Deborah Hersman’s term as chairman of the U.S. National Transportation Safety Board ends Aug. 3, with no word on whether she’ll be retained, during the accident investigation agency’s busiest stretch since the 1990s.
Hersman, 43, will conclude her second term as chairman as Congress leaves Washington for a five-week recess. Asked when or whether she’ll be renominated, Hersman said it’s out of her control.
“I don’t know the answer to that question,” she said in a telephone interview. “That is a decision that the White House will make. Right now I’m focused on the work that’s in front of us from this past week.”
Matt Lehrich, a White House spokesman, said the administration won’t “speculate on possible future personnel announcements.” Hersman’s term as a board member extends through Dec. 31.
The safety board chairman, who must be confirmed by the Senate, is the top U.S. transportation accident investigator. The position provides a platform to lead probes, hold hearings and recommend safety improvements without authority to implement them.
Hersman has been the public face of the board’s two highest-profile investigations this year -- its probe into what caused battery fires on the Boeing Co. 787 Dreamliner that prompted the plane’s grounding, and the July 6 crash in San Francisco of Asiana Airlines Inc. Flight 214, the first fatal commercial plane accident in the U.S. in four years.
She was passed over to succeed Ray LaHood as U.S. transportation secretary despite an endorsement in a Twitter messsage by her former boss, West Virginia Senator Jay Rockefeller, one of Congress’s most senior Democrats. President Barack Obama instead chose Charlotte, North Carolina, Mayor Anthony Foxx.
Rockefeller leads the Senate Commerce Committee, where Hersman was the senior Democratic staff member before being appointed to the safety board in 2004 by Republican President George W. Bush. Obama named her chairman in 2009 and reappointed her two years later.
Nominations for the board and, separately, its chairman require Senate confirmation.
There is a scenario that could effectively keep Hersman in charge if Obama doesn’t act before her chairman’s appointment expires.
Board rules dictate that if there’s no designated chairman, the vice chairman serves as acting chairman. The vice chairman position, held now by Christopher Hart, doesn’t require Senate confirmation.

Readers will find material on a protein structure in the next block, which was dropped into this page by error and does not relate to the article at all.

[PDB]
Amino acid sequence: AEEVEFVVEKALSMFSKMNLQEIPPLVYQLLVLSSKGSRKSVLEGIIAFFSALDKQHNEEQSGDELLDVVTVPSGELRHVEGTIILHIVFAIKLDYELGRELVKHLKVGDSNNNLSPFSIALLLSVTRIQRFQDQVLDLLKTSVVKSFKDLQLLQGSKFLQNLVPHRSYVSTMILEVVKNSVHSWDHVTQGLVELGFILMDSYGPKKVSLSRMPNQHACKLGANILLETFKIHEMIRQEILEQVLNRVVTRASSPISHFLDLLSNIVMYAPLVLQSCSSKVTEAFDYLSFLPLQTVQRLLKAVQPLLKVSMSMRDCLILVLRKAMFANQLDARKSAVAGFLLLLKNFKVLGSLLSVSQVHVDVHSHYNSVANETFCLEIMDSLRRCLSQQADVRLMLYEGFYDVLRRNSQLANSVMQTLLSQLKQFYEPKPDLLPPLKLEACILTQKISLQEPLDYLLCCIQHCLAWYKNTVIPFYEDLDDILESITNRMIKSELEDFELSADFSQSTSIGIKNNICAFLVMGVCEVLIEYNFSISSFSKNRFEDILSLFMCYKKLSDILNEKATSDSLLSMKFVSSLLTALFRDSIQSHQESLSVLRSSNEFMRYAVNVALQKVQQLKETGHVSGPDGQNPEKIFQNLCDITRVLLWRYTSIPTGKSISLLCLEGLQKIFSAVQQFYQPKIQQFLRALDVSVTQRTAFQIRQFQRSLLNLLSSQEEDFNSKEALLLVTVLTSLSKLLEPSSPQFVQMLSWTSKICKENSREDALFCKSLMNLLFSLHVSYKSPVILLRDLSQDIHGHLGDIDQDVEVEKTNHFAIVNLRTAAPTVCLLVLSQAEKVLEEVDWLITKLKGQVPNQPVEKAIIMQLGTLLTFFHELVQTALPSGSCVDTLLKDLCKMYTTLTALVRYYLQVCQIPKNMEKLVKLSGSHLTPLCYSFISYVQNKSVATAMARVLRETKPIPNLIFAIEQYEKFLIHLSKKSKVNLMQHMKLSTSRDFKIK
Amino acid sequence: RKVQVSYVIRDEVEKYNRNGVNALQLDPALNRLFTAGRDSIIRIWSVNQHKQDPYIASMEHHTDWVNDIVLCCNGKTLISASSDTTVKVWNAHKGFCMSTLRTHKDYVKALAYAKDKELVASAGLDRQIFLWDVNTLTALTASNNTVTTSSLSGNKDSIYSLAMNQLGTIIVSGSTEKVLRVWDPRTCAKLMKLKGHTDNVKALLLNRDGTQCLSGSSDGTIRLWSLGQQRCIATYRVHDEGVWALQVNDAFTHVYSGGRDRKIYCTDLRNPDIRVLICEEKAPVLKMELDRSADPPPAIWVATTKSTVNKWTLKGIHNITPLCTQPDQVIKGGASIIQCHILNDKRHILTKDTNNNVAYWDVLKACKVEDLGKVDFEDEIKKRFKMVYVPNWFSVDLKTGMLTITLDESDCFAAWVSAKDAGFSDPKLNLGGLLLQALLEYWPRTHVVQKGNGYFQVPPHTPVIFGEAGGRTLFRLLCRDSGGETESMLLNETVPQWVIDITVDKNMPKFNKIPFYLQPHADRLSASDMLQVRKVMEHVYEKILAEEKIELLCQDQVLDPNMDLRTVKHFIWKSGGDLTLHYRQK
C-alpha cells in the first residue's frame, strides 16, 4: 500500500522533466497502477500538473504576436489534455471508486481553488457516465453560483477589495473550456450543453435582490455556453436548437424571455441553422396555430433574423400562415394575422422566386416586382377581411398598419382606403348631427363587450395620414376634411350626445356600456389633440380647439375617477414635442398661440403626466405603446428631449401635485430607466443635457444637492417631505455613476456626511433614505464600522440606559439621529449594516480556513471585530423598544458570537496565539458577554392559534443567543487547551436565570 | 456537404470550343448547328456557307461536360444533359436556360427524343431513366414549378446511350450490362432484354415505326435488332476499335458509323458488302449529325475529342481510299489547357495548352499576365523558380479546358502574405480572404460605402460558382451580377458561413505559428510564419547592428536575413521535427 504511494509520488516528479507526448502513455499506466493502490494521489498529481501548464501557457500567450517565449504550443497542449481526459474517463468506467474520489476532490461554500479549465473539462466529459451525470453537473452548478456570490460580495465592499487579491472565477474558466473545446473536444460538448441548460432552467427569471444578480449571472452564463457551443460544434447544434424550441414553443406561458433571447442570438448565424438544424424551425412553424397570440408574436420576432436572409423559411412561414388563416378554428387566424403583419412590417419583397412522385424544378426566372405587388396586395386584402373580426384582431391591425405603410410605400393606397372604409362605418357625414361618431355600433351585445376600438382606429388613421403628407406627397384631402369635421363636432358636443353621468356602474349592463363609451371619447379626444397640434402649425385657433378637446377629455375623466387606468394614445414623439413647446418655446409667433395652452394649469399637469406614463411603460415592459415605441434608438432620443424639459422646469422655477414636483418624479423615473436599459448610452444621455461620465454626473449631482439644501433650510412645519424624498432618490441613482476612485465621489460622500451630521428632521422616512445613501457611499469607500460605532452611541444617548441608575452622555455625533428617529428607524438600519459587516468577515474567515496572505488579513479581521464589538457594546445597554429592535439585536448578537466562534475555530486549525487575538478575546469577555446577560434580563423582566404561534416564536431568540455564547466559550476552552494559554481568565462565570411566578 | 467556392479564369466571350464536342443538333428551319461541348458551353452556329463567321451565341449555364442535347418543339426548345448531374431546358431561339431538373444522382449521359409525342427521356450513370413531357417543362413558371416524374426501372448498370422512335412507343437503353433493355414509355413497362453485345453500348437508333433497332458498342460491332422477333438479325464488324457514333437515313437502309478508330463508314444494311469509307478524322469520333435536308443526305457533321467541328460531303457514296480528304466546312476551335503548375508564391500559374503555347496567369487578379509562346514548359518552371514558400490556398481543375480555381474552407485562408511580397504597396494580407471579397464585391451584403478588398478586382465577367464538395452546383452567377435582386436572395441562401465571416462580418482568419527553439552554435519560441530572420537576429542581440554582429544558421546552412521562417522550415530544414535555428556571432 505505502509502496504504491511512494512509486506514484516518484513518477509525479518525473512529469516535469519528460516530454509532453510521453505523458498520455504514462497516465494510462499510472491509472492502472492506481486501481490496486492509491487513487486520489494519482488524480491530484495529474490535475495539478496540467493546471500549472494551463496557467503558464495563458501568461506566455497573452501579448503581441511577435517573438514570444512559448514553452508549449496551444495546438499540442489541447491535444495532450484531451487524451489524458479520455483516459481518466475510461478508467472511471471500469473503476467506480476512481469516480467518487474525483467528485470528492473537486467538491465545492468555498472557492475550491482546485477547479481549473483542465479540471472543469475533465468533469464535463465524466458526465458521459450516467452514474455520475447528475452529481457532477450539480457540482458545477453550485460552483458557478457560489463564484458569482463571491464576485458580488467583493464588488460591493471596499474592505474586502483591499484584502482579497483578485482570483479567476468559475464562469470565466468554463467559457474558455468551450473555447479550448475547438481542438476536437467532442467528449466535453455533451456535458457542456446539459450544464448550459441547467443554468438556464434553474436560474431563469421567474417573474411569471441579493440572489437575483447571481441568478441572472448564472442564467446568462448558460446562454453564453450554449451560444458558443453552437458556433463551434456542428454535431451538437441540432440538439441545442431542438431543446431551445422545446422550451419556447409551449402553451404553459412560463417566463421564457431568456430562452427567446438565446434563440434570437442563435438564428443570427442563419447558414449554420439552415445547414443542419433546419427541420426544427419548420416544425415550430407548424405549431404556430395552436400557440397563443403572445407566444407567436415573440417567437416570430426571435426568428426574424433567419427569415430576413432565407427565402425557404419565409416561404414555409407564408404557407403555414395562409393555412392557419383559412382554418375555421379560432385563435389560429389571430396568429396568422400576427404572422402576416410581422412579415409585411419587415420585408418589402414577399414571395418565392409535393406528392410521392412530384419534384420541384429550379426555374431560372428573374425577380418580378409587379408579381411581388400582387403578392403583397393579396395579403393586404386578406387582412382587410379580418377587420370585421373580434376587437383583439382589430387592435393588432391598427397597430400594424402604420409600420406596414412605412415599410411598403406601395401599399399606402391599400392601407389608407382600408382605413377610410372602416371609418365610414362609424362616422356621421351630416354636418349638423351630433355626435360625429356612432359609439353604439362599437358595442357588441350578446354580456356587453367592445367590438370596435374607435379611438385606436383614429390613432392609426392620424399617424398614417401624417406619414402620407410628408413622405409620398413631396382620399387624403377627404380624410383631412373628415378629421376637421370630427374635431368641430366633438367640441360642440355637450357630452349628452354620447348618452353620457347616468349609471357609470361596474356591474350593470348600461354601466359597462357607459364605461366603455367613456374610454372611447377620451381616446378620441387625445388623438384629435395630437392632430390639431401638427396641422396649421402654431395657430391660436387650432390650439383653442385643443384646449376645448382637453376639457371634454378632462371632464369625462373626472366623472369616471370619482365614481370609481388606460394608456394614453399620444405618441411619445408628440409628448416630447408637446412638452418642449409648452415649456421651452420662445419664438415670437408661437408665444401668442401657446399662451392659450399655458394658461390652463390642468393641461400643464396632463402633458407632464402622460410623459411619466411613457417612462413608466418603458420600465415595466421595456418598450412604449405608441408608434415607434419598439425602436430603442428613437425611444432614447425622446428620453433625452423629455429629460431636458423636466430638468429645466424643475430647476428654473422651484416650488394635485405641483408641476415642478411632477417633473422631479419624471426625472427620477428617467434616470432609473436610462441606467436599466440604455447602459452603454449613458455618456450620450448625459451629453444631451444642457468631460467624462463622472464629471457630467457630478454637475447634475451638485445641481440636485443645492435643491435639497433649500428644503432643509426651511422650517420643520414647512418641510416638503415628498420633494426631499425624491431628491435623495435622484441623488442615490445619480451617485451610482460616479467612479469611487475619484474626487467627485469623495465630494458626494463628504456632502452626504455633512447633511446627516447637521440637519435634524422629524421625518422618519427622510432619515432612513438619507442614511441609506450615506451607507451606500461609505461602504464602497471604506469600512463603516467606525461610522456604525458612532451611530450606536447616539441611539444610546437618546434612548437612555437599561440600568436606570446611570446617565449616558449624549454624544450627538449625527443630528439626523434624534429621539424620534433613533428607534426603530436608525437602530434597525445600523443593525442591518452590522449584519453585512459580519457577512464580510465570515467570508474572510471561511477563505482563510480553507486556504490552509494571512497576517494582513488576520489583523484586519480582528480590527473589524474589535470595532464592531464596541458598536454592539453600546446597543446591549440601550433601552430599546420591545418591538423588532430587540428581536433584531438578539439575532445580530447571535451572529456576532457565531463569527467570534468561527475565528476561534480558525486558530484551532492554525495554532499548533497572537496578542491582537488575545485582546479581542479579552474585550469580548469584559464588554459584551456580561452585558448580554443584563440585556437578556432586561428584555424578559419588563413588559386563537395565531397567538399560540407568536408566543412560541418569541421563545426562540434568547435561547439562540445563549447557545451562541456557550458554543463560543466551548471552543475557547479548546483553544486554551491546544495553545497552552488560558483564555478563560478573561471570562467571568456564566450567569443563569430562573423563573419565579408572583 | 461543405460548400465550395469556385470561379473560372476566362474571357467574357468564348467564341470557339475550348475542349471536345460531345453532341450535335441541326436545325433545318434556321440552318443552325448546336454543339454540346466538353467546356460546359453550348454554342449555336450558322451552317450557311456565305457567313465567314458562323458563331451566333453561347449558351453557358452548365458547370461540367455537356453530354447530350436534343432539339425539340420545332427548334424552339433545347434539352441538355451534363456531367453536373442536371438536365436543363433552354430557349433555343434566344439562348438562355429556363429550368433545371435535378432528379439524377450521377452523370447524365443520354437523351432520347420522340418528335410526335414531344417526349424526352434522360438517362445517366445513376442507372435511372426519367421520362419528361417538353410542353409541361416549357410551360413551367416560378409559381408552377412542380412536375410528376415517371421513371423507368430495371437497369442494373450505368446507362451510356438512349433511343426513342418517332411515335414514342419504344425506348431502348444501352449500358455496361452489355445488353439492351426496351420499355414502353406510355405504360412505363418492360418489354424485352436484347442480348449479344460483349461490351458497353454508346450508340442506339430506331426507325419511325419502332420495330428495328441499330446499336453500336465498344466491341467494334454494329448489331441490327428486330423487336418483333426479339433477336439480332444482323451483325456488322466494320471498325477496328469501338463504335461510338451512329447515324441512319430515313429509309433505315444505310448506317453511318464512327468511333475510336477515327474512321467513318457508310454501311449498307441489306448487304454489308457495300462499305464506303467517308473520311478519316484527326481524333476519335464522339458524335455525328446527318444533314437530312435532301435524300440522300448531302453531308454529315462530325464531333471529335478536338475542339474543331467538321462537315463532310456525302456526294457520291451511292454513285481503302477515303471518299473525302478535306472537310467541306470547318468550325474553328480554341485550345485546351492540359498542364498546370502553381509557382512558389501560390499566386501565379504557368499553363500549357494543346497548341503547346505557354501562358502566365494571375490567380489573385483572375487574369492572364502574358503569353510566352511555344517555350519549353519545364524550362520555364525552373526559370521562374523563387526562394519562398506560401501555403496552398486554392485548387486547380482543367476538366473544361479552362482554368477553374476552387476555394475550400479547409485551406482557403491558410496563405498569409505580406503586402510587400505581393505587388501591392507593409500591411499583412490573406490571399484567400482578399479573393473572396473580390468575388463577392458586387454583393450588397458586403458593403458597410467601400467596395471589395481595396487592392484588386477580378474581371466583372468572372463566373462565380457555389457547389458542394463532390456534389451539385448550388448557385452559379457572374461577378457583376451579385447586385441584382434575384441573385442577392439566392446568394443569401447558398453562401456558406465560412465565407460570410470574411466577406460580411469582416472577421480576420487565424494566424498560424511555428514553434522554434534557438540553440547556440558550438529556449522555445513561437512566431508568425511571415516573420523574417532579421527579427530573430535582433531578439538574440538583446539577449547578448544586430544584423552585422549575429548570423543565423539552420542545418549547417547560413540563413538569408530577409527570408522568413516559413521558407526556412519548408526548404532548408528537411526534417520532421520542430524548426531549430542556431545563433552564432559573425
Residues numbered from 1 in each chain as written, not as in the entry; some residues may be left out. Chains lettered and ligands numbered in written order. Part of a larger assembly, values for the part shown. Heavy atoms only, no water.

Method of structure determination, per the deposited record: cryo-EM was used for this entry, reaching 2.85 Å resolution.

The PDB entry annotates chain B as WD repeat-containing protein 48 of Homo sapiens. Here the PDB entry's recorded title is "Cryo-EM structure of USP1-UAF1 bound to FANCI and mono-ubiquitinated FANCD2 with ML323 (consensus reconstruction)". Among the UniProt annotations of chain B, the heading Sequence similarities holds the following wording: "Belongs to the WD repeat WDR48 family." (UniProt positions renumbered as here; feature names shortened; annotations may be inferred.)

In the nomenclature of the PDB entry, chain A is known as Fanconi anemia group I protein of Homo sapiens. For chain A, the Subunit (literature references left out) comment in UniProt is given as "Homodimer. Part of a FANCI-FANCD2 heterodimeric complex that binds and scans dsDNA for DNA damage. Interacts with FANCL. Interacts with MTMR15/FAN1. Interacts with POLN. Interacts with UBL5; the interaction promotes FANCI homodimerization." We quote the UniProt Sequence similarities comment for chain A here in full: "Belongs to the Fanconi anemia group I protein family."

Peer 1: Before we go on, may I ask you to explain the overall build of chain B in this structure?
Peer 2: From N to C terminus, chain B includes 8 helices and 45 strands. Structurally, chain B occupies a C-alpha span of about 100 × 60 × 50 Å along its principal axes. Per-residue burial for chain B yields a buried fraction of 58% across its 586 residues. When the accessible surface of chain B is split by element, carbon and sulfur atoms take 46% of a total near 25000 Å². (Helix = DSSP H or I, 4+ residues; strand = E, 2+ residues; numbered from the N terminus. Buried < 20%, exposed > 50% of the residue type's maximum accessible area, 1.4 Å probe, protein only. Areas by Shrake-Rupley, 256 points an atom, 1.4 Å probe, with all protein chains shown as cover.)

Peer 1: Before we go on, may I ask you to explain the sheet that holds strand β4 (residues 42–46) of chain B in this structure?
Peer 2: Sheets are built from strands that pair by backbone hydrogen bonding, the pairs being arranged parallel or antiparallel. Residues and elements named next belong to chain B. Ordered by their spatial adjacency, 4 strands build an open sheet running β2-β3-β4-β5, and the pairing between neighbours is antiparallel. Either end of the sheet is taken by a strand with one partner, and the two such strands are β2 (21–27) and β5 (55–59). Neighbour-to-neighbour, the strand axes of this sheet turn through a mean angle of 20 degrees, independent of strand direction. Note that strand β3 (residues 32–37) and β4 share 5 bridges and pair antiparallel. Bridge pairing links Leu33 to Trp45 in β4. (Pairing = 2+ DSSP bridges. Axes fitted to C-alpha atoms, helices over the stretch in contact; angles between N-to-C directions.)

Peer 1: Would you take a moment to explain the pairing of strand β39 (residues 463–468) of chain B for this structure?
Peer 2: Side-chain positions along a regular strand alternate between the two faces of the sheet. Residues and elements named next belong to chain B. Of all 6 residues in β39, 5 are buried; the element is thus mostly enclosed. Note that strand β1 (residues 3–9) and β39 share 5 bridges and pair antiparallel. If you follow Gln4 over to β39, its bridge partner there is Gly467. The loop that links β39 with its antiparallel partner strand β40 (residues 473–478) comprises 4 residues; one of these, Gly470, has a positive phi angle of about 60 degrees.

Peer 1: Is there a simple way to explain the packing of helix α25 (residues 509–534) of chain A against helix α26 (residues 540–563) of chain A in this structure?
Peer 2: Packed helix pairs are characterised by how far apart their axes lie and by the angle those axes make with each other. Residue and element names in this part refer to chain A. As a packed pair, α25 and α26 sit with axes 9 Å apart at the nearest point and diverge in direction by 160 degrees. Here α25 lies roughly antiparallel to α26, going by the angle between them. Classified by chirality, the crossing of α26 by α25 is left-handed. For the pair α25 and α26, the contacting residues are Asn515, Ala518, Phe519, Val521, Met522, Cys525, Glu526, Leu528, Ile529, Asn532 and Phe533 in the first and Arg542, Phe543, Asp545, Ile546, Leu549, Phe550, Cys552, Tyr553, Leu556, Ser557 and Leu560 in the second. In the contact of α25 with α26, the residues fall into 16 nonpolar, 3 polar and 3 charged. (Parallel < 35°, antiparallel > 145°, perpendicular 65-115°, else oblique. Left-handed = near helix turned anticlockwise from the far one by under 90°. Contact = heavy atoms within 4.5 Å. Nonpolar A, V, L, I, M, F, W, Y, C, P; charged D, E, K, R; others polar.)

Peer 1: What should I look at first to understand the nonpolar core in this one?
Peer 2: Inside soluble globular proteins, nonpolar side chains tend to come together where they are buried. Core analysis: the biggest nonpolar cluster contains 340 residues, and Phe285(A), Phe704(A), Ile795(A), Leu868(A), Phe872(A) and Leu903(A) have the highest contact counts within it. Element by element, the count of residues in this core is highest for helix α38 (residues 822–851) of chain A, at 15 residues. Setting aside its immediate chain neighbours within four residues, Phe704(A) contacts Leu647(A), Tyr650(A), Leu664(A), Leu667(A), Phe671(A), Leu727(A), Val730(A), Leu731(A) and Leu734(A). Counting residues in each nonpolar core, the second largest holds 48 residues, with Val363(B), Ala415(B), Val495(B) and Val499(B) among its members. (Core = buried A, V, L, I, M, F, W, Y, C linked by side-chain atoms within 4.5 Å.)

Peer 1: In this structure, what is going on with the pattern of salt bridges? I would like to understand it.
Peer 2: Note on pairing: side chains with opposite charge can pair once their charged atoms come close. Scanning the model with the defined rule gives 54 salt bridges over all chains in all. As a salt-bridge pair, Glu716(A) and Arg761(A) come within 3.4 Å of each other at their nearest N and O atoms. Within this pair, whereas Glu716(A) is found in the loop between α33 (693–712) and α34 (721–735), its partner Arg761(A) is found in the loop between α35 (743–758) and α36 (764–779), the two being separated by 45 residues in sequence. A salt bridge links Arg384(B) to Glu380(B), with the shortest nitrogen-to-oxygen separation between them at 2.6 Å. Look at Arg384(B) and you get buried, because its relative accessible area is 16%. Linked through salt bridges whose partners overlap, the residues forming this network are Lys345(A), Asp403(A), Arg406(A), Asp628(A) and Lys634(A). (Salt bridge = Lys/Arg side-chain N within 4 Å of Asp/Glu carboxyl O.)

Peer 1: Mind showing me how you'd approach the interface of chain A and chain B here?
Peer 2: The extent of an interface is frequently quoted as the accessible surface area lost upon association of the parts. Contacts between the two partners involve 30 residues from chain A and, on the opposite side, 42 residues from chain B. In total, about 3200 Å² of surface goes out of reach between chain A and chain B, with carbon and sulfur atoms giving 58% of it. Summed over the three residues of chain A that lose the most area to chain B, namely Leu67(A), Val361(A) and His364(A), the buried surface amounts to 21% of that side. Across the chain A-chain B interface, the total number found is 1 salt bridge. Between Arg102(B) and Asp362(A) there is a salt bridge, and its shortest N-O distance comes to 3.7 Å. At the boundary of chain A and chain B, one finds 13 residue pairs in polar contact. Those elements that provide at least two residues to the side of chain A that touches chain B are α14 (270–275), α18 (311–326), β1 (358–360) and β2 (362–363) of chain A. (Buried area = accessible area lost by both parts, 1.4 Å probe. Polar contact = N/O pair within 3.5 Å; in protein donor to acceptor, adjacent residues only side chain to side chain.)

Hart’s term ends Aug. 24. Because that is so soon after Hersman’s term ends, Obama could name her vice chairman, said Ted Lopatkiewicz, who retired in 2011 as the board’s top spokesman. Vice chairmen have served as acting chairman on other occasions after a term expired, he said.
While Hersman has inspired fan blogs for her expertise and calm demeanor before television cameras, pilot unions in the U.S. and South Korea have criticized her handling of the Asiana investigation, saying she’s disclosed too much information and put excessive focus on pilot errors.
Hersman has said she’s been careful to stick to facts.
“We are the advocate for the traveling public,” Hersman said at a briefing earlier this month. “We think it’s important to show our work.”
Hersman’s call to ban the use of mobile phone in cars, even with hands-free devices, went beyond the position of LaHood, who made distracted driving his signature cause as transportation secretary. She failed to gain Transportation Department support to lower the blood-alcohol content limit for drunken driving to 0.05.
The board is working on at least 16 major-accident investigations opened this year including the Asiana probe. It’s also looking into the failure of landing-gear on a Southwest Airlines Co. plane in New York, a train crash involving hundreds of commuters in Connecticut, two highway-bridge collapses, and an auto accident that sent a car over the side of Maryland’s Chesapeake Bay Bridge.
Yesterday the board announced a two-day forum in September on whether transportation operators have a “safety culture.”